Mark Jackson joked in the post-game that his role in this nearly historic Warriors comeback victory against the Raptors was nothing more than “spiritual advisor.” And the players and media pundits I heard credited the victory to the Warriors simply coming out in the second half with more fire in their belly, and playing hard.
I think we all know that’s not true. Mark Jackson’s decision-making was central to the outcome of this game. Jackson was instrumental in digging the Warriors a 27 point deficit, and he was equally instrumental in allowing his best players to dig their way out. Continue reading
The Warriors played too well against the Thunder last night to get screwed by Mark Jackson’s decision-making down the stretch. And yet that’s nearly what happened. Continue reading
Not going to recap this Warriors loss to the Grizzlies, as I found it to be a relatively uninteresting game. All those who are feeling pangs over these last two losses should bear in mind that they were practically pre-ordained to be losses — even before Curry got injured. First of all, I consider the Spurs and the Grizzlies to be the cream of the Warriors opponents in the West this season — the second and third best teams in the conference. Tough veteran teams that already know exactly what they want to do when they take the court. They have a huge edge this early in the season against teams that are working in new players and new systems. And that’s what the Warriors are, in spades. The Warriors are working in two new players in the first unit — Iggy and a healthy Bogut, who still has played fewer than 50 games in a Warriors uniform, and only 7 of those “healthy.” The second unit is of course brand spanking new. As is, to my eye, much of the offense the Warriors have installed to accommodate their new players. Continue reading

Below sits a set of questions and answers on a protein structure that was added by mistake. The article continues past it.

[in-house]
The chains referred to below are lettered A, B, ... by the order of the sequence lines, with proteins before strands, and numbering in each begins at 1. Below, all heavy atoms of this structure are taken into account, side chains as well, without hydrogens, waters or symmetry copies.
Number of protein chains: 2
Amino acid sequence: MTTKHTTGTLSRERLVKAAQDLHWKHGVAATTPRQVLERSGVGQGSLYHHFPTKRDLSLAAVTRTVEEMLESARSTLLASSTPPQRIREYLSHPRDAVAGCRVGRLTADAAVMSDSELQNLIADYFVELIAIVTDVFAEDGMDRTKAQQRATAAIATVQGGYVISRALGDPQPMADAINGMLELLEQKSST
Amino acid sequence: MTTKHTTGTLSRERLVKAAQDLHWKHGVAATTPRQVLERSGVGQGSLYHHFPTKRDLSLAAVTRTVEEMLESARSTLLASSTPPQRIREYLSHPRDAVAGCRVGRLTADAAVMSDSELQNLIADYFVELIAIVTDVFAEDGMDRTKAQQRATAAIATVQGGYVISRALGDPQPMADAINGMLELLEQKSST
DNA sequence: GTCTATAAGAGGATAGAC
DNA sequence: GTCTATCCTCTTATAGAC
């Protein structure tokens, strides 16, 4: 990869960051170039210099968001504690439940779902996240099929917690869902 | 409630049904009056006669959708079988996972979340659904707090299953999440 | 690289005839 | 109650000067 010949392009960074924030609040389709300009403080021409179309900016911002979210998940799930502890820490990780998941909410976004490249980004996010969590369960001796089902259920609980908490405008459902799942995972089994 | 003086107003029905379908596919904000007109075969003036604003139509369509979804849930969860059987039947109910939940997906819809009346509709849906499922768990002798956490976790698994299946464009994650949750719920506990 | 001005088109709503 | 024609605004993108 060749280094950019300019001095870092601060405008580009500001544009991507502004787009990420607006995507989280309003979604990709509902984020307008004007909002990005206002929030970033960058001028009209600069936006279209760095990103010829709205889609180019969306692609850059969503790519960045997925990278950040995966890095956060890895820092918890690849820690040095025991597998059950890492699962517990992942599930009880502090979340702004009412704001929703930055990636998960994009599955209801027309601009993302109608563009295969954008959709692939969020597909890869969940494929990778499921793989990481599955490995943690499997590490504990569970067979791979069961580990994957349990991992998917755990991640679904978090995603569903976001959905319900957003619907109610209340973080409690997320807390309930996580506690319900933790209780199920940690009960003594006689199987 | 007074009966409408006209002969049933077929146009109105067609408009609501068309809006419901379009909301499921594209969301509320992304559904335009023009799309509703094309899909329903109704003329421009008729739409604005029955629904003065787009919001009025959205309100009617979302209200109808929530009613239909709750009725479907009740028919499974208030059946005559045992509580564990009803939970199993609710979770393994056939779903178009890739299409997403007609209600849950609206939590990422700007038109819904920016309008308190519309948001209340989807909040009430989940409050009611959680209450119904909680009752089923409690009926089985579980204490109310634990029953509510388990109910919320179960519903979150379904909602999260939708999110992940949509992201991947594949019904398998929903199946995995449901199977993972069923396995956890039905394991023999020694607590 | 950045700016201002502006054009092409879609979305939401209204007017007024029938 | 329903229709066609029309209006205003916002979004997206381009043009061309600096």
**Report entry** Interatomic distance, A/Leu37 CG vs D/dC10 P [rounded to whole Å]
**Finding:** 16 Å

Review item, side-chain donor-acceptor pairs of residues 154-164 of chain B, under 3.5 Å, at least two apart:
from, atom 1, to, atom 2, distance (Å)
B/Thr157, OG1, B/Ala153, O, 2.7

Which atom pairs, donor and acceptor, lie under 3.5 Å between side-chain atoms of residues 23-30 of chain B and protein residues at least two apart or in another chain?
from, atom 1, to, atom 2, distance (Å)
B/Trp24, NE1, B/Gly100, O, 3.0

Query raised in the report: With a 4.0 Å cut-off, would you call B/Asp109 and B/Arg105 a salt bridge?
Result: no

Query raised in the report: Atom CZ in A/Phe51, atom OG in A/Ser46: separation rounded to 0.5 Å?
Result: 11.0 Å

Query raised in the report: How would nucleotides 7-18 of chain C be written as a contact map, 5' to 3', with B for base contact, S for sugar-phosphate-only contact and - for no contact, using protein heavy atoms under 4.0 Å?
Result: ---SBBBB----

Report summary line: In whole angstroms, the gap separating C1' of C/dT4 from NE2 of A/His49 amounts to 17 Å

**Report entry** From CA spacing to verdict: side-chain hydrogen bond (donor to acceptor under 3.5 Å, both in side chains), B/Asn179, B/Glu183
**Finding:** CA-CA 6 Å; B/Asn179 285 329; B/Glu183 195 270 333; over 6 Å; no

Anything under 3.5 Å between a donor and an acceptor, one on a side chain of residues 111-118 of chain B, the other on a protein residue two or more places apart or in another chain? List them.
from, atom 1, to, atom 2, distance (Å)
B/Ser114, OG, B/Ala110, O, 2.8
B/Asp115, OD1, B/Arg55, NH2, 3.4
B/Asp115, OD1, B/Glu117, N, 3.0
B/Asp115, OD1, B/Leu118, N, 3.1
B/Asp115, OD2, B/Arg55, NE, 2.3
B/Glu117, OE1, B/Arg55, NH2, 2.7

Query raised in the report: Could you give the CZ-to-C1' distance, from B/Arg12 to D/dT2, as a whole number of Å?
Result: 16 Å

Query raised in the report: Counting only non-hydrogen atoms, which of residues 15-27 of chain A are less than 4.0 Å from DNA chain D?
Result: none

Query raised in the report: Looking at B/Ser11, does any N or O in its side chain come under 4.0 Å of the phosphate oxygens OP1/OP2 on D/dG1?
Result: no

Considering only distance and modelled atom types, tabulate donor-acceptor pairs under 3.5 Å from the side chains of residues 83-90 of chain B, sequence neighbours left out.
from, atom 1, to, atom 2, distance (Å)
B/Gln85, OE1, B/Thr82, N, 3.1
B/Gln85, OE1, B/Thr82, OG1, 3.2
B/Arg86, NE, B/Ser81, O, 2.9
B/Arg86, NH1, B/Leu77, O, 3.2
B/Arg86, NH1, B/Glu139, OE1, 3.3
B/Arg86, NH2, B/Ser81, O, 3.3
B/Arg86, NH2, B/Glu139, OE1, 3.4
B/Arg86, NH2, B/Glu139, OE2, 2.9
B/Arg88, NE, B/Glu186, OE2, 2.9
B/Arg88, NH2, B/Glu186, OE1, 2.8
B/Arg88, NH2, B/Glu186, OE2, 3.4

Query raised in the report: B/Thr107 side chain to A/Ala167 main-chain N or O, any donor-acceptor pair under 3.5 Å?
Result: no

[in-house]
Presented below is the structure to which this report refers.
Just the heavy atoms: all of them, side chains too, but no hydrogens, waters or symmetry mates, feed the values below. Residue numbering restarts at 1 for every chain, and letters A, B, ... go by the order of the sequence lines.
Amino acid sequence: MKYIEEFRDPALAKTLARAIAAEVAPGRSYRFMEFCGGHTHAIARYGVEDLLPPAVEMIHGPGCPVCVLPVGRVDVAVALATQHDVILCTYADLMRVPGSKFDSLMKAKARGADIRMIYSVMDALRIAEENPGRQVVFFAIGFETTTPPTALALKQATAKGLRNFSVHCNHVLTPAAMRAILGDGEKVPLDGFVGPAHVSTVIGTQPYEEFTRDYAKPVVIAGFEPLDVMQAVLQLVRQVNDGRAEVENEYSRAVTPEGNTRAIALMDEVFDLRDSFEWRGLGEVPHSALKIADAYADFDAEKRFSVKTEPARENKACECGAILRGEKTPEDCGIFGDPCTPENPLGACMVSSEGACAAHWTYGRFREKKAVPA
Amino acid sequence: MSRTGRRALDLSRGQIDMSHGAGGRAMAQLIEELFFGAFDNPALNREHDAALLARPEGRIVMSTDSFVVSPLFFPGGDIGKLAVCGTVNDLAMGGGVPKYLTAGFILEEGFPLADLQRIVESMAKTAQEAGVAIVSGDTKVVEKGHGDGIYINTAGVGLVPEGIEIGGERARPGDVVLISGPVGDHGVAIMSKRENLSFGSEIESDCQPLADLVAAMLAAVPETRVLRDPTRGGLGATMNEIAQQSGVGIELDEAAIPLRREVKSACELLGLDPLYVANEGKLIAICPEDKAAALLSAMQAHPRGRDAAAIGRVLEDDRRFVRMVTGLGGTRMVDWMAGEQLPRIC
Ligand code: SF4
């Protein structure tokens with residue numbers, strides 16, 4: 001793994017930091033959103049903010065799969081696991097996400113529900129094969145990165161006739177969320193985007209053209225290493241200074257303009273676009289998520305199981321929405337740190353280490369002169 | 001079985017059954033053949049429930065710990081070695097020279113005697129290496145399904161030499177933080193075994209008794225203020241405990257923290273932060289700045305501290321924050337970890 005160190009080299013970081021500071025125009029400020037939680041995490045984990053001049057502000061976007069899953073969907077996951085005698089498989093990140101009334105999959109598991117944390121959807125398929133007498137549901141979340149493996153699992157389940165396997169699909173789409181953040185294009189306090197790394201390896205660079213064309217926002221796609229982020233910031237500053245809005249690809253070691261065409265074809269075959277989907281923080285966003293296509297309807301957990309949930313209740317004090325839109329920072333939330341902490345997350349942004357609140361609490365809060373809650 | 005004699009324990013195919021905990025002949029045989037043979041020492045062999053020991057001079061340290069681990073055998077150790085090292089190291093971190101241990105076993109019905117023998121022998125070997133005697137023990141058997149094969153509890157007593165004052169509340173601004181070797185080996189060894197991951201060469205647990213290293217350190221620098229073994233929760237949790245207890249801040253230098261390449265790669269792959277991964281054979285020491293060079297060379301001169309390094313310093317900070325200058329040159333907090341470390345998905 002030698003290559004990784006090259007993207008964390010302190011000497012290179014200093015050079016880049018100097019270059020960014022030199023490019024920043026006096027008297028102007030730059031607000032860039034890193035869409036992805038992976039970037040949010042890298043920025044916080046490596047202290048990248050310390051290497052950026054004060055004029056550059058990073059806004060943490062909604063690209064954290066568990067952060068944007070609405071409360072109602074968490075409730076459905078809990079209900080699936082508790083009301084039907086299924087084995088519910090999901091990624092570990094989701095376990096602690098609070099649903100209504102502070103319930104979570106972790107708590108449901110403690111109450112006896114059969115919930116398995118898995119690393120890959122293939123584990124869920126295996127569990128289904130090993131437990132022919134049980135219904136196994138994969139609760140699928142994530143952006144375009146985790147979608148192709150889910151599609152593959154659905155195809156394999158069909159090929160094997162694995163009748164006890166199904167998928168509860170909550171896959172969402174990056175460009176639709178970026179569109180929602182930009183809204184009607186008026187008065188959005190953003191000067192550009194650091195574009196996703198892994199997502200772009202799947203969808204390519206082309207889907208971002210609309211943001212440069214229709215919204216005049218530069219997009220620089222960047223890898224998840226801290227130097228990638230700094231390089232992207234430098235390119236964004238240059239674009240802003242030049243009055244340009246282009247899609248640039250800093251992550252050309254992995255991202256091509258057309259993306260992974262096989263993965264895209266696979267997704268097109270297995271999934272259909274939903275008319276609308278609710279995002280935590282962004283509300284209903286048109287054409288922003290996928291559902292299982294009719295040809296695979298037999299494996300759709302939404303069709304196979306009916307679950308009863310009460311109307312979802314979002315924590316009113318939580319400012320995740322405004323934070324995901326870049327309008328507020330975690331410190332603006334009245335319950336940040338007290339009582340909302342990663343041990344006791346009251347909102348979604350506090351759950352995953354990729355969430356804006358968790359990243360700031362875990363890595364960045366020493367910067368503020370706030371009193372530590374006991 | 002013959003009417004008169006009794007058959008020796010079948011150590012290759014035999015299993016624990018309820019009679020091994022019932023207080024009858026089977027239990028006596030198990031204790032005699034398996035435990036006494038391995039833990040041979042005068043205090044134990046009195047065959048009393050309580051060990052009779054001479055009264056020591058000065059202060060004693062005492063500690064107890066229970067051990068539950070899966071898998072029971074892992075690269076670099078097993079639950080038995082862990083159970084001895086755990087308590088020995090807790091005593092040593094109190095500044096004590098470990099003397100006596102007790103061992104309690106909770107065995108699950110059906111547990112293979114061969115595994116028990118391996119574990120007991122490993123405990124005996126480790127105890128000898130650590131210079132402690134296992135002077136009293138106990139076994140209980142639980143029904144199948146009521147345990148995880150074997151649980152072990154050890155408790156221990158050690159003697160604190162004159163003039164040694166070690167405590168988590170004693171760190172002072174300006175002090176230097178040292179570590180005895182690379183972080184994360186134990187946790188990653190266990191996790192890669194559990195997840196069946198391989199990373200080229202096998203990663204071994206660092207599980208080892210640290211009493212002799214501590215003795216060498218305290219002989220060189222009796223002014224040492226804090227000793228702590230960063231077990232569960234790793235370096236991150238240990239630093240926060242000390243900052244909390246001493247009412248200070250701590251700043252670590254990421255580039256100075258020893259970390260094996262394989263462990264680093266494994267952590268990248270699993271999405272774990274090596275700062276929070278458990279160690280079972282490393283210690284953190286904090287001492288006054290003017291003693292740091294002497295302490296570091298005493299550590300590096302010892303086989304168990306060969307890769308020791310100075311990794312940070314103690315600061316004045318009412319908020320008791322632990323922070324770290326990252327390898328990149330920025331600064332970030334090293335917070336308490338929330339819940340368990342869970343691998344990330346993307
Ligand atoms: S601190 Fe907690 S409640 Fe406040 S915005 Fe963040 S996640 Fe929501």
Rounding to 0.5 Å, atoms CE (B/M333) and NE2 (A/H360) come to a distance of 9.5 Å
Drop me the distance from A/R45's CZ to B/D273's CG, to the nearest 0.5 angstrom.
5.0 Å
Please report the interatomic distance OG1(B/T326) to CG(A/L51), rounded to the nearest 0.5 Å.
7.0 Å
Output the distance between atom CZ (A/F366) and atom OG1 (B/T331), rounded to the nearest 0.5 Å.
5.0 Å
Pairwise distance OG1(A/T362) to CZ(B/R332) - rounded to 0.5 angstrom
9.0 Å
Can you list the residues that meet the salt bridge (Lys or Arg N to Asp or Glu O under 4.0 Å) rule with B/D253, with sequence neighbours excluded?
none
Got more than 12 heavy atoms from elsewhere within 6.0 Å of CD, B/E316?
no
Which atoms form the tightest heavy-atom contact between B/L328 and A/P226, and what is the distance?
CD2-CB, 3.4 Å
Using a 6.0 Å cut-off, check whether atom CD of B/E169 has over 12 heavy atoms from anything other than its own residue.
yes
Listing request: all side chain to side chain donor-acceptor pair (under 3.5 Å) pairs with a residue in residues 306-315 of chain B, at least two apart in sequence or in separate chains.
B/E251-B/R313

As measuring stick games go, this Warriors road win against the Timberwolves was pretty intriguing. The Warriors not only beat a well-coached and extremely talented upcoming young team on their home floor, but they did it in convincing fashion. This might prove surprising to some pundits, particularly those at ESPN, but the Warriors are a far superior team to the TWolves, and will remain so for the forseeable future.